Once upon a time in the land of event response, you’d only hear from attendees via post-event letters, phone calls, word of mouth or a well-placed survey/questionnaire. These days, everyone can voice their opinion (good, bad or very ugly) in a matter of seconds – even while still receiving your services or at your event!
If you have Facebook, Twitter, and other social media channels (and seriously, at this point, why wouldn’t you??) more than likely you have a few followers. It might be a small handful, a couple hundred or even several thousand! It doesn’t matter. If they are following your event, it’s important to them and they should be important to you. And what they say had better get your attention and your response!
Did your race have such a great turn-out or check-in process that runners are tweeting about it while still at the starting line? Did your gala offer valet parking for ALL guests and they’re raving about it as they check-in on Foursquare? Were early bird tickets offered with a Facebook mention and people are sharing like crazy? Acknowledge these positive feedbacks quickly and thankfully. A simple “Thanks for sharing!” or “Glad you could join us!” or even “Next year will be even better!” will let your followers know you’re engaged and interested in what they have to say.
With the good also comes the bad. For the tweeter who loves the big race turn-out another is upset because there’s too many people. There will be a guy who rented a limo because he didn’t know about the valet service and he will complain about it. And of course there will be the woman who bought her tickets THEN found out there was a Facebook discount and will be unhappy about it. To these people, be courteous, attentive and helpful. Avoid trite, flip or “cookie-cutter” responses! Publicly ask them to call or email or direct message with additional details so you can help them find a solution offline (and essentially put the ball back in their court). You don’t have to tell the world what the solution actually ends up being for that person; what people want to see is that you are responsive and listening to their criticisms as well as their accolades.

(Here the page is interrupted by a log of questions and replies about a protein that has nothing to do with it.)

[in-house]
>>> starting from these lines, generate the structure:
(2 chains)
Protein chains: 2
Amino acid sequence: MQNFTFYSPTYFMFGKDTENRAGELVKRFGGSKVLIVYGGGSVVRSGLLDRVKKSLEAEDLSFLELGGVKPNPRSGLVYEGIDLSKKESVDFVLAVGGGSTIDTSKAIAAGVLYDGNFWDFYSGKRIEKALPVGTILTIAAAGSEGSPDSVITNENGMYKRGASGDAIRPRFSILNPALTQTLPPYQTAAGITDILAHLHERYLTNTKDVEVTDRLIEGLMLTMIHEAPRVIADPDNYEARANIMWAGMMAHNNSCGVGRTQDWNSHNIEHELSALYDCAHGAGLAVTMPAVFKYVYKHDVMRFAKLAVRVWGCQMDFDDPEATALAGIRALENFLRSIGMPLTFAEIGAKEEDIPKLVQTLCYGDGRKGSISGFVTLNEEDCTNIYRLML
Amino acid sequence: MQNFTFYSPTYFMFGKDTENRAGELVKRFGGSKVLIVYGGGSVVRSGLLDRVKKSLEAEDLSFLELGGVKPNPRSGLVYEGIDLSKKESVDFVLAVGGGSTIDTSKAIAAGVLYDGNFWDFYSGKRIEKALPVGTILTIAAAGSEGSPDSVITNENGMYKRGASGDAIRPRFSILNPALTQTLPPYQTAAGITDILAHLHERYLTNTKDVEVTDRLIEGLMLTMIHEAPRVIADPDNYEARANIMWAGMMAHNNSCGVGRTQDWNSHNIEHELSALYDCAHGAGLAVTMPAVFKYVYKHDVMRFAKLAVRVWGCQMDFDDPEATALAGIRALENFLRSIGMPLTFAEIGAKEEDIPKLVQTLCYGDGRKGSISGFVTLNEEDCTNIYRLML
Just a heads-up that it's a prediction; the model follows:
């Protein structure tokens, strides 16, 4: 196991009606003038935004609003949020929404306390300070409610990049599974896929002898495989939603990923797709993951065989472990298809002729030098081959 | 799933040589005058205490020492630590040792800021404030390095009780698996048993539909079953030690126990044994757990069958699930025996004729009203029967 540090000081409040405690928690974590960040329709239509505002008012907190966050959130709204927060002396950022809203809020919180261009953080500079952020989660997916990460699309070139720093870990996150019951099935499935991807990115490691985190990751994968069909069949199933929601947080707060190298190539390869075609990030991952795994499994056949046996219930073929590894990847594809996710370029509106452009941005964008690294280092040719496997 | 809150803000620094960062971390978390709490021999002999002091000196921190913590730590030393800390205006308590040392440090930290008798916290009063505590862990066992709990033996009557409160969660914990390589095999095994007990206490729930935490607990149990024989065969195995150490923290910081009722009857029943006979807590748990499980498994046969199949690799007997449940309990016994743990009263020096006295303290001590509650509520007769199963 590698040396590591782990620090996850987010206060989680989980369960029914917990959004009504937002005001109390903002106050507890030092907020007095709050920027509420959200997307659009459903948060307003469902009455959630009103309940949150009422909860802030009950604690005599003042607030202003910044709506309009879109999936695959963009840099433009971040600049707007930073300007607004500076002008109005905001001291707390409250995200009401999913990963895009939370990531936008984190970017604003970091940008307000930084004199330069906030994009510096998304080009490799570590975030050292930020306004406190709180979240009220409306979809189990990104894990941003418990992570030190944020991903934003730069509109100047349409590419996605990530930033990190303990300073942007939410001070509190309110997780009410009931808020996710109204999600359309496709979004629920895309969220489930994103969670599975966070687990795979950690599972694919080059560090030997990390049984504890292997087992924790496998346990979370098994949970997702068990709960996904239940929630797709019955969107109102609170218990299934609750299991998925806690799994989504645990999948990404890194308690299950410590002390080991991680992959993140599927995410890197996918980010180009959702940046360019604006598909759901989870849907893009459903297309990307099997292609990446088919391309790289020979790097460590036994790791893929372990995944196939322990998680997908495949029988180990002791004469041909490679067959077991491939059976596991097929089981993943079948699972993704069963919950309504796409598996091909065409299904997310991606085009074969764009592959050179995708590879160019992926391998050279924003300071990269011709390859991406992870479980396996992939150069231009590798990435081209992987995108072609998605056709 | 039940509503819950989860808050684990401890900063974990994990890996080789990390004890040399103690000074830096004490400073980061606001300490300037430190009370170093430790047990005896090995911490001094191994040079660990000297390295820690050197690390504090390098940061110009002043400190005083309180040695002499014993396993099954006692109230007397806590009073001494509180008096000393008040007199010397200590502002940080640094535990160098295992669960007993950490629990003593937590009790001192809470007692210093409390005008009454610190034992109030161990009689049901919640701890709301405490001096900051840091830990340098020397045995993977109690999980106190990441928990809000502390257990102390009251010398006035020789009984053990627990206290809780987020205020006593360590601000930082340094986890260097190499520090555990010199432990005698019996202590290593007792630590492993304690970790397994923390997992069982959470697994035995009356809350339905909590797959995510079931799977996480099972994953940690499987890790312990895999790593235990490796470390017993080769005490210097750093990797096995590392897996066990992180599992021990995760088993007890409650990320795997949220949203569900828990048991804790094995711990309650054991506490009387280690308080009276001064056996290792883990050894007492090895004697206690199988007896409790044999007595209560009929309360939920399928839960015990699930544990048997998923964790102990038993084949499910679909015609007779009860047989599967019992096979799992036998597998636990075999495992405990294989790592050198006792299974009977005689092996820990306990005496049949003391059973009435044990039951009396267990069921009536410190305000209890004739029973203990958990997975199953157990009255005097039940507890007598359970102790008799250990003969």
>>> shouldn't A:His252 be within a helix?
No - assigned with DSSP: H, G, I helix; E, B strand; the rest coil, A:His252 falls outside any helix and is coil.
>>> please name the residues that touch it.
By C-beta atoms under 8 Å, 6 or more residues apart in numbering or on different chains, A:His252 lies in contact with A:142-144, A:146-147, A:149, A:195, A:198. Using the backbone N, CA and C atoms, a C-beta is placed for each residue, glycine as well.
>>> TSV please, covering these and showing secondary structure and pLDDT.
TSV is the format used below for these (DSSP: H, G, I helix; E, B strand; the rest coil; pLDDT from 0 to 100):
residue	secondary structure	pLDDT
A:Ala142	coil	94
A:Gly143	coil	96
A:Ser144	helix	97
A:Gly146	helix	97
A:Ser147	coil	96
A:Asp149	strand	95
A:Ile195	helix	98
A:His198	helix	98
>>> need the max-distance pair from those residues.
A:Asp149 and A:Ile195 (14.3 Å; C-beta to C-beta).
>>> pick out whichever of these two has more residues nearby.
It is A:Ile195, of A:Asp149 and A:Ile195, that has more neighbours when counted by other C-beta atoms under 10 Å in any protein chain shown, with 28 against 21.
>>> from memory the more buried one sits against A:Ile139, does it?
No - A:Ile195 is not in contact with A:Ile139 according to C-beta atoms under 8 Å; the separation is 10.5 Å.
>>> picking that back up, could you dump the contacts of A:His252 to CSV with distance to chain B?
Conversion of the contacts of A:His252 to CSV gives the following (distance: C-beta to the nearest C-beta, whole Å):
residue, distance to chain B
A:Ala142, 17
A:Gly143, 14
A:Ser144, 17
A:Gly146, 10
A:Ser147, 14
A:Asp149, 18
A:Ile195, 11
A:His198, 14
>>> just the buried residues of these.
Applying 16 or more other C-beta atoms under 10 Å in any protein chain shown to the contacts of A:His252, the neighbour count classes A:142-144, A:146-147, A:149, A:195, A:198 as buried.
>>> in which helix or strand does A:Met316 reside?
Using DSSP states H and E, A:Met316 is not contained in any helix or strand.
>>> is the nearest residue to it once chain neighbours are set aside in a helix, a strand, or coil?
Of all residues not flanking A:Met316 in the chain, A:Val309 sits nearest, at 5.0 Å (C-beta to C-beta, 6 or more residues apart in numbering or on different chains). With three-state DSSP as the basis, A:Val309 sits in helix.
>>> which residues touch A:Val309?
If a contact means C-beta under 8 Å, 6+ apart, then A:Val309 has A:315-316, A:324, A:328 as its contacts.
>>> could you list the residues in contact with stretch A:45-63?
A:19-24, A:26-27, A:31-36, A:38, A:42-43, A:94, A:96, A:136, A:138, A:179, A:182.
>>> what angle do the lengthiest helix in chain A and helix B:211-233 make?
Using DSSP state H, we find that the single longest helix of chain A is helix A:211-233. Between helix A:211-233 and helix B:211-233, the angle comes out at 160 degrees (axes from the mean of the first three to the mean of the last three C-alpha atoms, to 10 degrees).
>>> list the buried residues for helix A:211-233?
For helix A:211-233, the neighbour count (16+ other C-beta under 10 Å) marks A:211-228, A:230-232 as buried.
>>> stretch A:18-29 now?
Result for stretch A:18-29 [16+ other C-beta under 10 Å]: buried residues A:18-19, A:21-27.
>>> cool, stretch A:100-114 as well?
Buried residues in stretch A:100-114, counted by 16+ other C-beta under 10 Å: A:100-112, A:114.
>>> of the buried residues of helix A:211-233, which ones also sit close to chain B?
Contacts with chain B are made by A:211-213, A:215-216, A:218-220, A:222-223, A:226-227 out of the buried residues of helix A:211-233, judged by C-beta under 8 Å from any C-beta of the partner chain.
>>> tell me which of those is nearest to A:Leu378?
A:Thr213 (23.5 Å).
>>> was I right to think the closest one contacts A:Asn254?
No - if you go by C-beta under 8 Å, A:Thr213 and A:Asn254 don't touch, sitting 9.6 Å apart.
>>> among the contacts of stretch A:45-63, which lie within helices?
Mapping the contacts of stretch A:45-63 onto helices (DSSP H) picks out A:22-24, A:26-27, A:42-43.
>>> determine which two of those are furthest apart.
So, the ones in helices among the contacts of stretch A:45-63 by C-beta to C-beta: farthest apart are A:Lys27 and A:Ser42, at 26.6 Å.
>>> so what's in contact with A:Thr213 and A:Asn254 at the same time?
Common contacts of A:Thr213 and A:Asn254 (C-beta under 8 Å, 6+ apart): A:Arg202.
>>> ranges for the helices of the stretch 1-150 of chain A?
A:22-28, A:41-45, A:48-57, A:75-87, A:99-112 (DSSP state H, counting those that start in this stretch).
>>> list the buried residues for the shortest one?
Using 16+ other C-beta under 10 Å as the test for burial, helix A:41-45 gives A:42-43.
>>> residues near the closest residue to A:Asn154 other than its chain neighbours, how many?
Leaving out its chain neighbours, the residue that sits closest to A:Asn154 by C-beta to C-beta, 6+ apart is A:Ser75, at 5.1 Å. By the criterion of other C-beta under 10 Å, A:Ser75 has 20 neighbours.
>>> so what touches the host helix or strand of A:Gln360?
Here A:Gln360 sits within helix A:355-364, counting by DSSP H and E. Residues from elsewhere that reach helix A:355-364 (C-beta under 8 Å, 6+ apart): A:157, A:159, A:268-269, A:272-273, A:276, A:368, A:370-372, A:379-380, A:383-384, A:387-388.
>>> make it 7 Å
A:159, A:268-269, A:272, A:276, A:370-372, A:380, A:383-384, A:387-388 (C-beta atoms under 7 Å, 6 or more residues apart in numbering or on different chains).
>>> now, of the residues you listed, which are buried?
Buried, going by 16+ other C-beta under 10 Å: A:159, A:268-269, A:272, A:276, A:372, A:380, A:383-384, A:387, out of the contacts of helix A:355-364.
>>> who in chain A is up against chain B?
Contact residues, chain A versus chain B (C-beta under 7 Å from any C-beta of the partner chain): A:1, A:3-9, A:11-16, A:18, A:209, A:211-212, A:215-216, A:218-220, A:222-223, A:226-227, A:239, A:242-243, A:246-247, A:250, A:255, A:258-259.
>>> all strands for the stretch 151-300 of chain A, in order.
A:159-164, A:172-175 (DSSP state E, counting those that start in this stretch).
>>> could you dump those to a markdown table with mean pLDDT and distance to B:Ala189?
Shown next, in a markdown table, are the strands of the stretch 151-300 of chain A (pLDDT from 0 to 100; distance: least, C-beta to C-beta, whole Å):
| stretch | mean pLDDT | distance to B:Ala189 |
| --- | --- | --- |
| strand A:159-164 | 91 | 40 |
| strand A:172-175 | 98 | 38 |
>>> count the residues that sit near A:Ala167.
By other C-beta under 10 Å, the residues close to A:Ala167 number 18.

You’ve seen them here and there. The ultra naysayers. The profane. The social, racial, gender slur user. The pot-stirrers looking to make others feel bad. The anti-social social media users. And unfortunately they can’t be ignored anymore than the good or the bad. BUT, you can’t attack them back or argue with them. That simply takes you down to their level and makes your organization look bad. Handle them efficiently and professionally. Feel free to remove their post and remind your followers that yours is a family oriented, religious or just down-right positive organization and there are certain standards you ask your followers to participate within. You have every right to remove their posts from YOUR event’s page and to even block them from posting if they continually attempt to wreak havoc. Most of your followers will be happy you took a stand and will applaud rather than condemn you for it.
FINE LINE BETWEEN THE BAD AND THE UGLY
There is definitely a fine line between someone with a legitimate concern and someone who just wants to cause grief. My personal rule of thumb is to ask if someone will be personally offended by what is being said. Is the statement calling someone a name or commenting on their age, race, gender, or social standing? Does it use bad language for the sake of using bad language without really furthering their message or your cause? These are all “ugly” comments and you can feel good about removing them. If someone criticizes your check-in process, complains about the cost or makes a generally negative but legitimate comment, respond in a fair and professional manner. Consider how you would assume another organization should respond if you had made the comment and go from there.
And now, please leave YOUR comments so I know if you’re feeling good or bad about this post (but leave the ugly at home!). 🙂